The last time Charlottesville resident Dashad “Sage” Smith talked to his family was Tuesday, November 20, two days before he was supposed to visit his mother’s house in Louisa and surprise his younger sisters for Thanksgiving. He never showed. That weekend, the Huffington Post ran an article about the black gay transgender 19-year-old from Central Virginia who went missing, and Smith’s disappearance became a national story overnight.
Smith’s sexual identity has driven the media attention from the beginning—and, paradoxically, it has been part of the local LGBTQ community’s argument for why it feels his case hasn’t gotten enough attention from the police and media.
While the case still isn’t a criminal investigation, Charlottesville police have focused part of their search around Erik McFadden, the 21-year-old former Lincoln University student* Smith was allegedly supposed to meet the night of November 20. Rumors and reports guess that the two were meeting for a date, but family members and friends say McFadden was not someone Smith knew well.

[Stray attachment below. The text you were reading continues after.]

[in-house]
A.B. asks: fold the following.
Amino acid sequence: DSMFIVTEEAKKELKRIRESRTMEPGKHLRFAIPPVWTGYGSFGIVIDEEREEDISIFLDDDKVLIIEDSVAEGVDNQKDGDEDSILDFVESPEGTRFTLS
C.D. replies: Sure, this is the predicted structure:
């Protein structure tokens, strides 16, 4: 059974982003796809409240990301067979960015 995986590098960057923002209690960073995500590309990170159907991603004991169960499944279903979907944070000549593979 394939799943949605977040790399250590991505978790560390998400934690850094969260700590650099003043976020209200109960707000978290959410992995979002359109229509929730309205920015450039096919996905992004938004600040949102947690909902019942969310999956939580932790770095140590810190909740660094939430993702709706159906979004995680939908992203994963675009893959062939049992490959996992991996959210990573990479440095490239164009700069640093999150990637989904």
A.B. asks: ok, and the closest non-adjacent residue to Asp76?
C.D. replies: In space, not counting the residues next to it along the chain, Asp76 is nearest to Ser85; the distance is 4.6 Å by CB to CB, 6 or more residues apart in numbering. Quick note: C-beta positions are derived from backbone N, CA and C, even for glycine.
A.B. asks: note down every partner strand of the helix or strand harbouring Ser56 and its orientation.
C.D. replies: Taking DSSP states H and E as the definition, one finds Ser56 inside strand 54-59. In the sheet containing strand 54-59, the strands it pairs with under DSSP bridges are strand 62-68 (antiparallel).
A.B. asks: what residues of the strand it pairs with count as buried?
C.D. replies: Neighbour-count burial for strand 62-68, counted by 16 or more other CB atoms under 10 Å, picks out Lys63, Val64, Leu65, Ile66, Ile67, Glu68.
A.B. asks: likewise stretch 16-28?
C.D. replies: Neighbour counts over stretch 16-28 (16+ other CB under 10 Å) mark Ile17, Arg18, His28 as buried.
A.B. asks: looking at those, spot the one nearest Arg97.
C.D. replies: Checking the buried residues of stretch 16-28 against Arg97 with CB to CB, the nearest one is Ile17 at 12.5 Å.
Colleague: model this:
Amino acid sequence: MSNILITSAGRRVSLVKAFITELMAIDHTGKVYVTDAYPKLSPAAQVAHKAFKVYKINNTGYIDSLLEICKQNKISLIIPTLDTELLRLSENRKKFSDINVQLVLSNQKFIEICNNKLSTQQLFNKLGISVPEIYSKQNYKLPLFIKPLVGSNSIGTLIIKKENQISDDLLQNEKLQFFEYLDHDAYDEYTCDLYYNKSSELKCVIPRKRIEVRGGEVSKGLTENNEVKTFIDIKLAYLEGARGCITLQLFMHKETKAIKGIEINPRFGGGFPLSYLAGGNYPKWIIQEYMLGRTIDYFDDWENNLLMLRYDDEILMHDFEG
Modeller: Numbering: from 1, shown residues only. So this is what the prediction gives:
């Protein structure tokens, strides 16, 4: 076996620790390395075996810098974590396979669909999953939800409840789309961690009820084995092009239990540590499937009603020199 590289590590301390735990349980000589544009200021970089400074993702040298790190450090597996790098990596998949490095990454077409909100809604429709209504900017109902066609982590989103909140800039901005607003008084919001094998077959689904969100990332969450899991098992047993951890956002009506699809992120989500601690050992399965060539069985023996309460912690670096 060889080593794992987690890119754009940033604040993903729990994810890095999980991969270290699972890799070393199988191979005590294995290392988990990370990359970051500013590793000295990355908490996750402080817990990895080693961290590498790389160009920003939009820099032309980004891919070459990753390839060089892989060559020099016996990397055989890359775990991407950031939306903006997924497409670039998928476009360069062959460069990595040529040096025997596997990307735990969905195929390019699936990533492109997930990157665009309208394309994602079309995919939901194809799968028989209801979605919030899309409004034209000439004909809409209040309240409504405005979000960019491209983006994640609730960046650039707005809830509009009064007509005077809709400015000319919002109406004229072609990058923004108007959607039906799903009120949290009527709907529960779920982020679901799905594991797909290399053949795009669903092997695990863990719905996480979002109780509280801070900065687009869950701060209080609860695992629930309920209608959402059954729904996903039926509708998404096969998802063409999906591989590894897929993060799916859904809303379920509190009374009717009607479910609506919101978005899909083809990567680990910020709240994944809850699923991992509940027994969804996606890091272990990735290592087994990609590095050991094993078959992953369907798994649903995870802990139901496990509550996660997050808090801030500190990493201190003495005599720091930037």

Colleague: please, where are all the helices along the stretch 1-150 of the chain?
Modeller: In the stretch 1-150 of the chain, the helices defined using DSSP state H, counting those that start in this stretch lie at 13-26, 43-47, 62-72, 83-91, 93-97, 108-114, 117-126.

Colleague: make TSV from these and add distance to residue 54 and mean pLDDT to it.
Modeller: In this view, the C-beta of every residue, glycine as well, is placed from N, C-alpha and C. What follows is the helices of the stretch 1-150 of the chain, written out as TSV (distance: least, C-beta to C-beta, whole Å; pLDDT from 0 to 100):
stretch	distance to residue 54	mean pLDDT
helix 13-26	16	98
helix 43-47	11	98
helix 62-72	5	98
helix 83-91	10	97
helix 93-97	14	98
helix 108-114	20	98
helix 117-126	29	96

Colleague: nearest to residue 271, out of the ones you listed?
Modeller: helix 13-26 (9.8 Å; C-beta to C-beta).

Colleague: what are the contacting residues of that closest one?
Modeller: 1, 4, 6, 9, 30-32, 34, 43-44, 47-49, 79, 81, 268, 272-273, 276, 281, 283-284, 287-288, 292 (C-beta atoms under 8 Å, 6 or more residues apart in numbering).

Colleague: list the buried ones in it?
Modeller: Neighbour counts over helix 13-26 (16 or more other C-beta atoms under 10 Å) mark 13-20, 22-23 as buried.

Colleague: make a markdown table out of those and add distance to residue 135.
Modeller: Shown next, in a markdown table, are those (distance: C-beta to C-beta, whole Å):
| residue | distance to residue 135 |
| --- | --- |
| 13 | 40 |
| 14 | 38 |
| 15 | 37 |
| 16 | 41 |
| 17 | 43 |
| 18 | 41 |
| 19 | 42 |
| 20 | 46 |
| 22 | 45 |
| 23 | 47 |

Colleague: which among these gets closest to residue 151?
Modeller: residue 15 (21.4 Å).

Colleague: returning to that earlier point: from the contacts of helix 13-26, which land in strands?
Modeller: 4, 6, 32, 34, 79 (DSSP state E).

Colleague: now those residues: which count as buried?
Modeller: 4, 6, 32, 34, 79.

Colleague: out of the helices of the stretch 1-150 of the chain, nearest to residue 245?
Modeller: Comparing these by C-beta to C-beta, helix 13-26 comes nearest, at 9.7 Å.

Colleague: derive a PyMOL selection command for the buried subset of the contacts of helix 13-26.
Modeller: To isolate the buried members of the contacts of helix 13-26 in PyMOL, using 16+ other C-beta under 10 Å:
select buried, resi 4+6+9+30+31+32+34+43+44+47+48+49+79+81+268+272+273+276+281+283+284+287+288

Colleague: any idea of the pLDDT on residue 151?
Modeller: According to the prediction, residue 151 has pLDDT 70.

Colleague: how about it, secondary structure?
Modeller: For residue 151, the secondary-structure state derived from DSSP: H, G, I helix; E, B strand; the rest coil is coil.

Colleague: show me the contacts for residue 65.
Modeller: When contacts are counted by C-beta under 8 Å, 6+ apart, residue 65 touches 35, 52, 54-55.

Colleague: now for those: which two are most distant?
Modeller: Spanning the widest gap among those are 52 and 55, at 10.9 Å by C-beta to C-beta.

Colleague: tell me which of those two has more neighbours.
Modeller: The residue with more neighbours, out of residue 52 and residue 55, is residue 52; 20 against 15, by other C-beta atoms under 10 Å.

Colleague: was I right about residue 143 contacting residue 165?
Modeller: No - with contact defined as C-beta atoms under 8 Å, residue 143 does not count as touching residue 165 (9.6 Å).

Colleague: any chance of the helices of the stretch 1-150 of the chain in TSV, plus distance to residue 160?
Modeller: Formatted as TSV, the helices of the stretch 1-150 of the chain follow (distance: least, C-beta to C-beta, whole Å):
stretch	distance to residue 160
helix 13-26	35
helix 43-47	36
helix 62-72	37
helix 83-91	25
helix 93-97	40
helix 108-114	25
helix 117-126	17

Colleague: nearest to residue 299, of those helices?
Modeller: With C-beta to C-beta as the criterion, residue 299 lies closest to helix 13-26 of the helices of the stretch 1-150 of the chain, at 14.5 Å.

When a week passed and no one had any word on Smith’s whereabouts, members of the local LGBTQ community began asking whether or not the Charlottesville Police Department was doing enough and putting as much effort into the investigation as in previous missing person cases, like Morgan Harrington’s.